'Lat the Menace' just a regular kid
By Stephen Taylor / Daily Yomiuri Staff Writer
Macmillan, 142 pp, 10.99 pounds
As Malaysia approaches the 50th anniversary of its
independence from Britain, one cartoonist has chronicled the nation's
transformation from a nation that was synonymous with rubber and tin production
into one of Southeast Asia's most thriving Tiger Economies.
The cartoons of Mohammed Nor Khalid, or Lat as he
is better known, have graced the pages of the New Straits Times for more than
30 years with their clever observations on modern Malaysian society.
Yet the nation's most famous social commentator's
roots lie far away from the high-tech modernity of Kuala Lumpur's Petronas Twin
Towers. An illustrated memoir of Lat's humble origins was published in his
homeland in 1979 under the title Lat, the Kampung Boy.
Now more widely available 28 years on, his evocation
of family life and rural society on the cusp of industrialization half a
century ago will appeal to children and adults alike.
The world he depicts in Kampung Boy is the story
of his childhood, growing up on a rubber plantation in rural Malaya in the late
1950s and early '60s.
The reader is invited into Lat's village from the
day he is born to the moment he leaves for boarding school.
The artwork and narrative offer fascinating and
heart-warming insights into the life of a Muslim family in the northern state
of Perak, an area known for rubber plantations and tin mining at that time.
The drawings are funny and informative, with
important chapters of his young life, whether they are related to home, school,
leisure or religion, all conveyed simply yet effectively.
Muslim ceremonies, such as his "adat cukur
kepala" (hair-shaving ceremony) 45 days after his birth, Koran reading
classes, circumcision and a relative's wedding, are informative and
Physically, Lat's shock of unkempt black hair
resembles that of Dennis the Menace, a scruffy Scottish cartoon character
created by David Law in 1951--not to be confused with Hank Ketcham's tow-headed
American cartoon creation of the same name that also debuted the same year.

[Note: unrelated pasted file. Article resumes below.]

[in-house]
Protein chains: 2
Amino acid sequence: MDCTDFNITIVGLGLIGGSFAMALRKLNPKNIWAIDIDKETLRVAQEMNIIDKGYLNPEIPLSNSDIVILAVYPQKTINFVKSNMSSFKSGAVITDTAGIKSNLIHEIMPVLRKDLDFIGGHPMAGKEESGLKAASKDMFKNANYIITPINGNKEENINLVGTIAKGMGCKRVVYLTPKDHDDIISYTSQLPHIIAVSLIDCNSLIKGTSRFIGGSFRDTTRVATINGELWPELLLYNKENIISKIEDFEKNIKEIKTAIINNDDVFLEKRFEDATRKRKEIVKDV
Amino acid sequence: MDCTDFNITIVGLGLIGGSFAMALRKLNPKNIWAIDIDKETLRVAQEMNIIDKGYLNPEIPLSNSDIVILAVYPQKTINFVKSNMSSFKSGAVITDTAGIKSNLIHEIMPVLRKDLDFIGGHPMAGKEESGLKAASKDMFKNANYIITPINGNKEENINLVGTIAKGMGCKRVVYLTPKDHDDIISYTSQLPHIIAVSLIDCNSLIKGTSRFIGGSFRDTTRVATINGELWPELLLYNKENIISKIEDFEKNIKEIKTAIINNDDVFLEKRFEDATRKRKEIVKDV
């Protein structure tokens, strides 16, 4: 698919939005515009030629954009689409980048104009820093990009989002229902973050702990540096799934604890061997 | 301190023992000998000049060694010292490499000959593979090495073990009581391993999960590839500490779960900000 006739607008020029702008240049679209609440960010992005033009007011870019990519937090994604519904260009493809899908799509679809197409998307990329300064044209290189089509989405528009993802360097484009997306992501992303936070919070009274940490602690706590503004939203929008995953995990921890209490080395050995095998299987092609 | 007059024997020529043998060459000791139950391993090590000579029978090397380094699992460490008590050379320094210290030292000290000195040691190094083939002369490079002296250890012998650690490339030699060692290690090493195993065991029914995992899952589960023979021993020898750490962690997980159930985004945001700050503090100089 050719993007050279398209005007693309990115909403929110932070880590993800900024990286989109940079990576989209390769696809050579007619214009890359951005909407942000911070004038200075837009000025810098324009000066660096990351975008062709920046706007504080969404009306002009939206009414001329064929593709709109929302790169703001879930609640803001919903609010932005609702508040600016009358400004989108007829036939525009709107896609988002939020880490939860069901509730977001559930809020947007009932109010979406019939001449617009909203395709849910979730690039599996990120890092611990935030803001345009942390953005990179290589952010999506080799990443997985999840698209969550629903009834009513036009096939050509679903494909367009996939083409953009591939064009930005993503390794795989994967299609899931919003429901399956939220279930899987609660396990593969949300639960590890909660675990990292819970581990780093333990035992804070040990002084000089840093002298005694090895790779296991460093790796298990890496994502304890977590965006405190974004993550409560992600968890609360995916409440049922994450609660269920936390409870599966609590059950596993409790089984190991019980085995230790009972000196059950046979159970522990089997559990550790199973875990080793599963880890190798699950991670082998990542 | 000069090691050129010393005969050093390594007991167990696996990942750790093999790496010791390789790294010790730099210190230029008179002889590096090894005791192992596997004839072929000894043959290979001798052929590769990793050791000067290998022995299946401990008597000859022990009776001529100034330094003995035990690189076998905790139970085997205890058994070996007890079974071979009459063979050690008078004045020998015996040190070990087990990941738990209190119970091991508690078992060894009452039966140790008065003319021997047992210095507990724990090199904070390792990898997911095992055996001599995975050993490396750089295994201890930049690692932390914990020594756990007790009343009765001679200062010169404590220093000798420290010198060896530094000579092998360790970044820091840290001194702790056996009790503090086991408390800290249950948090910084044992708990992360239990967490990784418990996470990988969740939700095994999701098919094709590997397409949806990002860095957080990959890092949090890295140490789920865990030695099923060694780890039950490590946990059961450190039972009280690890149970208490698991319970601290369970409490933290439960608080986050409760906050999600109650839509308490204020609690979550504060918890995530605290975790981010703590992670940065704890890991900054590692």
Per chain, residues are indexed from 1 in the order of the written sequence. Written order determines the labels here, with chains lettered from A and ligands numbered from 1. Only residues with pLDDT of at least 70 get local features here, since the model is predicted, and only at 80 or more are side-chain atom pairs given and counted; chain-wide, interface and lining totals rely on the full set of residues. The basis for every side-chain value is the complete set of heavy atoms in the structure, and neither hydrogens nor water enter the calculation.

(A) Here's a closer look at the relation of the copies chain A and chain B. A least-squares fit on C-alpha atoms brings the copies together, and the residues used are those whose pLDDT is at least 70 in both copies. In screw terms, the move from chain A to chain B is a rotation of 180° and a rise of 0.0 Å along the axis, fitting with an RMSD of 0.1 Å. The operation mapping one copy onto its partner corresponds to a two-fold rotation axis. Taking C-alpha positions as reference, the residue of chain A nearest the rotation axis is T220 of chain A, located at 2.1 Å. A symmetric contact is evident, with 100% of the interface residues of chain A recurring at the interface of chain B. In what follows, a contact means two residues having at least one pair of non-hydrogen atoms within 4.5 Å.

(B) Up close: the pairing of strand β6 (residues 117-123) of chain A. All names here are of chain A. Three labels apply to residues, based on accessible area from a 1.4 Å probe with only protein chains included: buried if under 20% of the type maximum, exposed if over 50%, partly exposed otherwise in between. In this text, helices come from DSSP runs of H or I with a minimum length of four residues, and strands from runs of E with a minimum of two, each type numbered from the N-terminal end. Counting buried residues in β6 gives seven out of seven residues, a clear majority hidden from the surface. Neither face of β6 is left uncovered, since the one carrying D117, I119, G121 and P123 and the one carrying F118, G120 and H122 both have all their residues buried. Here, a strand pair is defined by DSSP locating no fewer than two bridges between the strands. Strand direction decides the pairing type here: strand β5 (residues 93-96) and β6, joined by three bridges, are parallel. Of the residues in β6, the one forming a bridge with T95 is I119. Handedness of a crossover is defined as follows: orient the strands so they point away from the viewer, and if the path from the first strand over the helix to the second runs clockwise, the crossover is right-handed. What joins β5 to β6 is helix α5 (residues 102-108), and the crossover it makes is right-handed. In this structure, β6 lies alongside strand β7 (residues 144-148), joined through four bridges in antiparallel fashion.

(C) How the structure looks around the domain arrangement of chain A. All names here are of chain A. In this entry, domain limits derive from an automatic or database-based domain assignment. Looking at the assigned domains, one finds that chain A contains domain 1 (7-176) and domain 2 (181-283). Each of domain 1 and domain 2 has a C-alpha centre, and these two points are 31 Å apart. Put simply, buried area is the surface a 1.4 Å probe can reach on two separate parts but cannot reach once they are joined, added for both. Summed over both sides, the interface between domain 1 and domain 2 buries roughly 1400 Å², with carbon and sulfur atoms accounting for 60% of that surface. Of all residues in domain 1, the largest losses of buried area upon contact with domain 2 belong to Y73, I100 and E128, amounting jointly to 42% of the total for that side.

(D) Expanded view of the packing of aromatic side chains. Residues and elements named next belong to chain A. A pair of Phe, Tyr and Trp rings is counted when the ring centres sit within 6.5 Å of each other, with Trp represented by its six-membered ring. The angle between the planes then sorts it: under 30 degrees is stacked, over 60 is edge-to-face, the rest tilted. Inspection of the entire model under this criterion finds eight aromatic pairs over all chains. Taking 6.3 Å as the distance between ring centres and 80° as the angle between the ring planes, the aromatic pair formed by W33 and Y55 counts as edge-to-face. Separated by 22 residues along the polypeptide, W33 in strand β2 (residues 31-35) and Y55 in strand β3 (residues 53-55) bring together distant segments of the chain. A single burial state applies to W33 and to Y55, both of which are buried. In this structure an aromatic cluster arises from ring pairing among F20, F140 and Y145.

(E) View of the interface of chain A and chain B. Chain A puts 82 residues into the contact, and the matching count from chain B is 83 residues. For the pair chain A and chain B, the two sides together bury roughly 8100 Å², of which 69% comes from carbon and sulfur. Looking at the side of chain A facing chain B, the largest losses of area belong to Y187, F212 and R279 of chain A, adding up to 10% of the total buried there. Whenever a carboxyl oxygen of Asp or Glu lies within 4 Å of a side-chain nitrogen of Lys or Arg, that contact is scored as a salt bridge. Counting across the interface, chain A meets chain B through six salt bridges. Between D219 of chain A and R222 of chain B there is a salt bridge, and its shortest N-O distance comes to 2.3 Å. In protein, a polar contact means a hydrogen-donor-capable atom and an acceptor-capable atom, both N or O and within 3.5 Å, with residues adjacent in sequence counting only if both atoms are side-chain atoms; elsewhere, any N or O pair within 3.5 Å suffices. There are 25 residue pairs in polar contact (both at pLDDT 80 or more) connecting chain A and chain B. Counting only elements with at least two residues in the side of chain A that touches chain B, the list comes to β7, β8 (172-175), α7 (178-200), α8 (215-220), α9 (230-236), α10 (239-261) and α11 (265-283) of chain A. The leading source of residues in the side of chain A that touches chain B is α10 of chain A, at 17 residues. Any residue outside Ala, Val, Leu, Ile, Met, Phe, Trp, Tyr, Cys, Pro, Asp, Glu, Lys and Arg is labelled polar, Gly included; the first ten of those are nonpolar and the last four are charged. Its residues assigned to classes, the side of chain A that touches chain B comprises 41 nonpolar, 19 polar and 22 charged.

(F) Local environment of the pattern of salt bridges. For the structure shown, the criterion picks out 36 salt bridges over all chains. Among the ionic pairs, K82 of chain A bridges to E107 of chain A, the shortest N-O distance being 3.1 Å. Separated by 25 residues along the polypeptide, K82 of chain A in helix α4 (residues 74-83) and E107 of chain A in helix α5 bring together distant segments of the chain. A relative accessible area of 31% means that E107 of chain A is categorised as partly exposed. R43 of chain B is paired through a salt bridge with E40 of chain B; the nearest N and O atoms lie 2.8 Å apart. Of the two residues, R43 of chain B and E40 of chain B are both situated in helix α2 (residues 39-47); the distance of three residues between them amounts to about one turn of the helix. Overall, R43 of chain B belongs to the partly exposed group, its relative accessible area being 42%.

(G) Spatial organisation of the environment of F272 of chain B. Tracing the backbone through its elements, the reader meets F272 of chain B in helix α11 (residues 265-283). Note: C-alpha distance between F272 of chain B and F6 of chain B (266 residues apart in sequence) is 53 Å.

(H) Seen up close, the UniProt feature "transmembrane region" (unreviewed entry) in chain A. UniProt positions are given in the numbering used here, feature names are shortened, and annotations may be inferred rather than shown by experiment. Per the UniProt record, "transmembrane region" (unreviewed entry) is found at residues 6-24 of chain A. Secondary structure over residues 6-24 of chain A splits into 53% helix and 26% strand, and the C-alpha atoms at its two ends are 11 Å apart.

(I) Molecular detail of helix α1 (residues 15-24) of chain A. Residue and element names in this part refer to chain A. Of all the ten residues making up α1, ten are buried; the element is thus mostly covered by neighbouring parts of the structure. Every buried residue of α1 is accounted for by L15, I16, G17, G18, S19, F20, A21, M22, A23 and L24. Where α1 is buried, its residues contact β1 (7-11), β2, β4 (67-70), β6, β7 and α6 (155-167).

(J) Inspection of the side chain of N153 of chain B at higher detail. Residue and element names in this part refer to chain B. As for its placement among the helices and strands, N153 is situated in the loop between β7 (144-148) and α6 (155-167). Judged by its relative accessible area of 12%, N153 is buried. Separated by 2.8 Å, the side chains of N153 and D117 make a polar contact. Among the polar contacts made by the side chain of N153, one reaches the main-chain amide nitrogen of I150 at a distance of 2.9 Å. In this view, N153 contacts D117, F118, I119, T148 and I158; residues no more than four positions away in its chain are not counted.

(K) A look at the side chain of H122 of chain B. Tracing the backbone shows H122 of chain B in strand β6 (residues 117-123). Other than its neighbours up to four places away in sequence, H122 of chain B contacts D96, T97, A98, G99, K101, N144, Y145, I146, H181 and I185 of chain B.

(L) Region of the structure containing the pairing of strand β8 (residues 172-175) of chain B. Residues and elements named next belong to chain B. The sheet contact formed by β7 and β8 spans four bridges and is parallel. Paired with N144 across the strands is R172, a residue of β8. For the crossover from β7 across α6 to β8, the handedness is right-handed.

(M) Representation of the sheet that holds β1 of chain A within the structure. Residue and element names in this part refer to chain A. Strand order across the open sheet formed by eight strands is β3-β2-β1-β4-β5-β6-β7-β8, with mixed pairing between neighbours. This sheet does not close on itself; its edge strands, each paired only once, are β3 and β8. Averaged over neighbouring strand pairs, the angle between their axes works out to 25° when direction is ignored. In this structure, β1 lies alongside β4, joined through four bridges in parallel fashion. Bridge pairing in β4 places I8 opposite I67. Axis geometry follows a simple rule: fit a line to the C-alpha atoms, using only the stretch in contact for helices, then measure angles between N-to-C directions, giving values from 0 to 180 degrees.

Both Dennises were known for their bad behavior, and so is Lat.
Like them, Lat prefers playing around with his
friends to going to school, though his Western counterparts never had to bathe
in the river every morning.
His gang gets up to harmless mischief, such as
"borrowing" an old man's sampan to catch lobsters, pigging out on
durians while "guarding" the trees during the fruit season and
dulang-washing--panning for tin at the back of huge dredges on the river.
Generally, though, Lat is just a normal kid. Readers
from any country, barring those who were juvenile delinquents or spoiled brats,
should be able to relate to his antics.
Not unnaturally, Lat's family features heavily in
the book. His mother is the solid, hard-working housewife while his father's
boyish enthusiasm and bulk puts one in mind of Baloo from Walt Disney's The
Lat's attention to detail is impressive, and the
distinctive shape of an old Morris Minor automobile will take some British
readers back a few years, though this reviewer was a glint in his father's eye
when the movie showing at Lat's local cinema--The World of Suzie Wong--was
Along with cars and express trains, the movie
theater hints at the modernization of Malaya in the years after independence,
but it is the sinister intrusion of the tin dredges that elevates the book from
a simple story of Malayan country folk into a comment on the loss of innocence
in the face of easy profit.
The dredges' presence has a profound effect on
Lat, and the story ends with him heading off to boarding school, unsure of the
future, not only for himself and his family but also his village in the face of
his young nation's quest for economic prosperity.